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Summary:

Elemental Technologies — aka the smart young startup in Portland that makes video processing better by doing it in parallel — is beta-releasing a video encoding and transcoding server. In the last year, Elemental has put GPUs (graphics processing units) to work on the non-graphics jobs […]

Elemental Technologies — aka the smart young startup in Portland that makes video processing better by doing it in parallel — is beta-releasing a video encoding and transcoding server.

Elemental Founders and Server 2 0509

In the last year, Elemental has put GPUs (graphics processing units) to work on the non-graphics jobs CPUs (central processing units) normally do, using its breakthrough software to do an awful lot of computing with the GPU processing cores in parallel. After raising $7.1 million in Series A funding last July, the company released the Badaboom video file converter, for consumers, and a professional video processing product called the RapiHD. Badaboom, which costs $30, has already been downloaded 1 million times.

Now, Elemental is taking on a whole new category, by releasing its Elemental Server, which it says can do the job of seven dual quad-core CPU servers while taking up less space, using less power and costing less than half the price. Using the GPU for transcoding can be 5-10 times faster than using the CPU. The server will enable real-time transcoding on-demand, and Elemental already has customers like Brightcove and partners like Adobe on board.

Because Elemental takes advantage of Nvidia’s CUDA processing language, its server will only run on Nvidia chips for the time being. The company will also make the software available for customers to run on their own Nvidia-based hardware.

Elemental CEO Sam Blackman isn’t content with just providing transformative technology; he’d also like to revolutionize video monetization. (Hey Sam, while you’re at it, can we put in a request for a pony?)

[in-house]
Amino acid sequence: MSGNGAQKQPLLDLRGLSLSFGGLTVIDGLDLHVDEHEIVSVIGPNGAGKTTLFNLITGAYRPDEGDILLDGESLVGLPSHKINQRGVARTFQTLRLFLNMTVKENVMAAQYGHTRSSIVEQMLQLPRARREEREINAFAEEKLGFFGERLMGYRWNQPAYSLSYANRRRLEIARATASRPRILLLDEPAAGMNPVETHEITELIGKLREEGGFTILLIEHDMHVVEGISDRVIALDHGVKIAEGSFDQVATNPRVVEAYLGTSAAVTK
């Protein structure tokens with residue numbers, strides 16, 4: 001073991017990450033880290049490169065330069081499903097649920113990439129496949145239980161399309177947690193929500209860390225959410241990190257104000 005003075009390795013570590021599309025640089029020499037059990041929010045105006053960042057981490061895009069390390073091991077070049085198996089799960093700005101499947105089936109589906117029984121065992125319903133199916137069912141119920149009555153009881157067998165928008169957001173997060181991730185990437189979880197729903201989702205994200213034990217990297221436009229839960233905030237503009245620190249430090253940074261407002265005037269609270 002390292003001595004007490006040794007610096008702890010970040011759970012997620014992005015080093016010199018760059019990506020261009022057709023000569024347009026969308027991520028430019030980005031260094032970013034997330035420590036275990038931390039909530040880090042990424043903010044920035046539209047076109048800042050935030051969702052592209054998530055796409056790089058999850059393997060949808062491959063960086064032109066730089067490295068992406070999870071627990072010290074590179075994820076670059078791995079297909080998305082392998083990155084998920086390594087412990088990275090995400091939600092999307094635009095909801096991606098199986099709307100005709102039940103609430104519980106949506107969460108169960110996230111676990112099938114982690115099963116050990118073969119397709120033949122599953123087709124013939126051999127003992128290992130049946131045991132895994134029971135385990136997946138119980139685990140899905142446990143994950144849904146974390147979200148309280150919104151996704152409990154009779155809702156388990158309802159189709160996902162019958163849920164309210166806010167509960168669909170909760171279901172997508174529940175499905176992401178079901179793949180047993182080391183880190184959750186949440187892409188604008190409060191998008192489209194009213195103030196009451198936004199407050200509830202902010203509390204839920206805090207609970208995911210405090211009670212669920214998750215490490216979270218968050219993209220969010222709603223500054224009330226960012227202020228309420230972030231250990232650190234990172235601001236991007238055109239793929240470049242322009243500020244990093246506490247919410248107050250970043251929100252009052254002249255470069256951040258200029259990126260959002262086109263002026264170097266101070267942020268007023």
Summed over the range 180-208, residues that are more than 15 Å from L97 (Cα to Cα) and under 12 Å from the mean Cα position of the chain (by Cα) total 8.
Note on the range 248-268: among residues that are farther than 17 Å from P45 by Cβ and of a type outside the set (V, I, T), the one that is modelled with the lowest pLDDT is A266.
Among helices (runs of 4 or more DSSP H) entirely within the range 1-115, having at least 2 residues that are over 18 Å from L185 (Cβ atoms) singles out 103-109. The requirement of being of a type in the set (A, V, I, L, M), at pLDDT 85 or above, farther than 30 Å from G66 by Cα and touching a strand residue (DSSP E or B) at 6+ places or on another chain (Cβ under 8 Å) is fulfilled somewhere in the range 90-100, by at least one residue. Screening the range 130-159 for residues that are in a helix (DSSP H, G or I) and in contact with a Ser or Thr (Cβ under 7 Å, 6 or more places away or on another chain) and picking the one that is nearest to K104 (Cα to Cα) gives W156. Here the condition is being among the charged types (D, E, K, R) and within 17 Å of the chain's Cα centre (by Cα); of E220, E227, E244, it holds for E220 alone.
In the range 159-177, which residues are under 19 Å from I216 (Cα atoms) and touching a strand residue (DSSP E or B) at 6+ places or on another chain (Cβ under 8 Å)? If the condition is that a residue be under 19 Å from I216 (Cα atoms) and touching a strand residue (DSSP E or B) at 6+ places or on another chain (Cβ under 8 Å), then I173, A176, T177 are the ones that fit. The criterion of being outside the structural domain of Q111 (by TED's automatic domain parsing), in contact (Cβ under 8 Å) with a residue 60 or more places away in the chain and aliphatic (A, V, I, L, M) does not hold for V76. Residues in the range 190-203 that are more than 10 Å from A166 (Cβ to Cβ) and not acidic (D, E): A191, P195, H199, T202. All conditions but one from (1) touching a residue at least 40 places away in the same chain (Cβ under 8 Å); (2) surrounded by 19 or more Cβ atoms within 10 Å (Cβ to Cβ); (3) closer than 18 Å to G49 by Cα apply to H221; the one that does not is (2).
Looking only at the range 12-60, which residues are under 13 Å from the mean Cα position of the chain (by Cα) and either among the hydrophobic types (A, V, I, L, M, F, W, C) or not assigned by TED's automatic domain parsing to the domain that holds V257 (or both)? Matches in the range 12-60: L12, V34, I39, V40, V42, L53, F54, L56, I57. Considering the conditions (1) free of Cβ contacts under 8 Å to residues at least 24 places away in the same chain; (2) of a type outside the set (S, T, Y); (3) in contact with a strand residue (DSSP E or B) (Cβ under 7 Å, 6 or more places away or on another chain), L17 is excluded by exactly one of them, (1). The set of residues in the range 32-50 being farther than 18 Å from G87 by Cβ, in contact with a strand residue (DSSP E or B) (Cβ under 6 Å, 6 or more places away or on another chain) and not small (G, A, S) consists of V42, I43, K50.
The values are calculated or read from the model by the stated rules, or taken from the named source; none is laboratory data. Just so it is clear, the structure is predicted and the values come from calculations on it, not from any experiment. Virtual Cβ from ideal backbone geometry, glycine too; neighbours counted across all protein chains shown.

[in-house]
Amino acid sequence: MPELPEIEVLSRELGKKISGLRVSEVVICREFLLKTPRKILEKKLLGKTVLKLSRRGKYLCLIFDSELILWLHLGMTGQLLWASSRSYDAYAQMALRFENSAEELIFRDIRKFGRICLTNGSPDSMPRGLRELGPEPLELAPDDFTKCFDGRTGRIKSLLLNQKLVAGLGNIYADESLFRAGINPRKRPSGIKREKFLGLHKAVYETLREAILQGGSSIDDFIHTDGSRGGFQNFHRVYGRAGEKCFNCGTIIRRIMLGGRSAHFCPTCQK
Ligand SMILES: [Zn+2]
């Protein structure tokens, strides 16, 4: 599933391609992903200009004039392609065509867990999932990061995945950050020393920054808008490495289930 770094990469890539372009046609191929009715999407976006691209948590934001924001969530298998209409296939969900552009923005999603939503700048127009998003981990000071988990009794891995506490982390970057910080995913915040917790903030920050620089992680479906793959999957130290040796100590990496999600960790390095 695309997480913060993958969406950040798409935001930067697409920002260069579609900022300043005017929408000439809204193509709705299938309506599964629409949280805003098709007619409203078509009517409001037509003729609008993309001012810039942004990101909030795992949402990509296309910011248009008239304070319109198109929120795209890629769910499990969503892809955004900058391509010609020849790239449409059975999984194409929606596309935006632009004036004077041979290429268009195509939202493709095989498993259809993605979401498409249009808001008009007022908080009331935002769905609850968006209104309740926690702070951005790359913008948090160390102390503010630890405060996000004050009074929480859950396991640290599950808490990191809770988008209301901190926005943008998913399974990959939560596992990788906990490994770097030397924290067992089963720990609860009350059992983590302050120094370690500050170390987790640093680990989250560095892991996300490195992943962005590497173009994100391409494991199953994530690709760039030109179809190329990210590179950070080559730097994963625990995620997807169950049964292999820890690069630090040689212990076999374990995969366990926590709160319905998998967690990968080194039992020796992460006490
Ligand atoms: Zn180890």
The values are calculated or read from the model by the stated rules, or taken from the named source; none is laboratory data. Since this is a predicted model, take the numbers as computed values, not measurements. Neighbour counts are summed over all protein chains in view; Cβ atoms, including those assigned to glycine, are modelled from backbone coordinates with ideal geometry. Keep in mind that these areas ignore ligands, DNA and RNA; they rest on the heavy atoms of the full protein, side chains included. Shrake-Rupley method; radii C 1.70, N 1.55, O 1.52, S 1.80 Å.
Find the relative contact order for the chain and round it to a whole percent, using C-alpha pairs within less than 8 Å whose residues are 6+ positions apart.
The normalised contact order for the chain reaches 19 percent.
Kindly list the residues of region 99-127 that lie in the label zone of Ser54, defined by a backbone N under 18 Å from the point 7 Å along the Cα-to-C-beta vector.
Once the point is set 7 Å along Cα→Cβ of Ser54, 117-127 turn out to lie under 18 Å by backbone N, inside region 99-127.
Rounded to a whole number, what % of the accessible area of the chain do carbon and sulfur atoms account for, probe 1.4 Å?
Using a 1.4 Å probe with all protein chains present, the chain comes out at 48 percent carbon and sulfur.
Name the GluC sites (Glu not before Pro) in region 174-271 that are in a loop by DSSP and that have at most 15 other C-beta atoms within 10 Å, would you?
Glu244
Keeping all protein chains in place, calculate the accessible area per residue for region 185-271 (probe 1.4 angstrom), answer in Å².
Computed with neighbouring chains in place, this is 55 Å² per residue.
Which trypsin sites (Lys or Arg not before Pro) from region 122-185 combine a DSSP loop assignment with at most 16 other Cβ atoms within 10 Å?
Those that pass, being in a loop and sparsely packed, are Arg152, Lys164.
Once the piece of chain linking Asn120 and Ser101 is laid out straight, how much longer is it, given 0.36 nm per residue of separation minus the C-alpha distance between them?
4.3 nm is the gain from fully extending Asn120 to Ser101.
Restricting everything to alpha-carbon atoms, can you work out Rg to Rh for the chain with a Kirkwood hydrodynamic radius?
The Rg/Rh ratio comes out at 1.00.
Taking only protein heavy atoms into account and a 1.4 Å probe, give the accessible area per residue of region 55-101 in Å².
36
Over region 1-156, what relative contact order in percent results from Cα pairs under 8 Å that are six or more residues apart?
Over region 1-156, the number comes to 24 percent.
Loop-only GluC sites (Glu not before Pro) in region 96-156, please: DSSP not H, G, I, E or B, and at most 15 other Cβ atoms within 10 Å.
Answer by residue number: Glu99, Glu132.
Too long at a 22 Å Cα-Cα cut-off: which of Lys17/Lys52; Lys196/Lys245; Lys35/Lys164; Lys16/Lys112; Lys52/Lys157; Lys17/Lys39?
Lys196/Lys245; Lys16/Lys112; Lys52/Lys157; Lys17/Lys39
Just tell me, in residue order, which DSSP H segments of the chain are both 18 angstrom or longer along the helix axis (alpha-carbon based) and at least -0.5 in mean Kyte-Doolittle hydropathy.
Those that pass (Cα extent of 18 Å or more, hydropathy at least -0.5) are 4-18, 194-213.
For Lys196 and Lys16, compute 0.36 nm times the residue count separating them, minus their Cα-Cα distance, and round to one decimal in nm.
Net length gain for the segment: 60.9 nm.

Blackman told us last week he thinks the Elemental server will enable new business models because video providers will be able to customize content and targeted ads to end users on the fly. Eventually he’d like the servers to power cable, broadcast and satellite video processing. For now, video providers are constantly dealing with increasing demand as well as upgrading to high-definition and live-streaming, so buying new servers is a matter of course.

Blackman said he isn’t worried about competition from cloud computing alternatives — we’ve written about ones such as HD Cloud and Encoding.com — because content providers require a sturdier solution. However he made it clear Elemental plans to incorporate the cloud as part of in its own products later on.

Blackman said Elemental, which has 20 employees, was nearly cash-flow positive in 2008 even though it only had products on the market in the fourth quarter of the year. He said he doesn’t anticipate raising more funding.

Pictured: Elemental founders and their server: Brian Lewis (Chief Architect), Sam Blackman (Chairman and CEO) and Jesse Rosenzweig (CTO).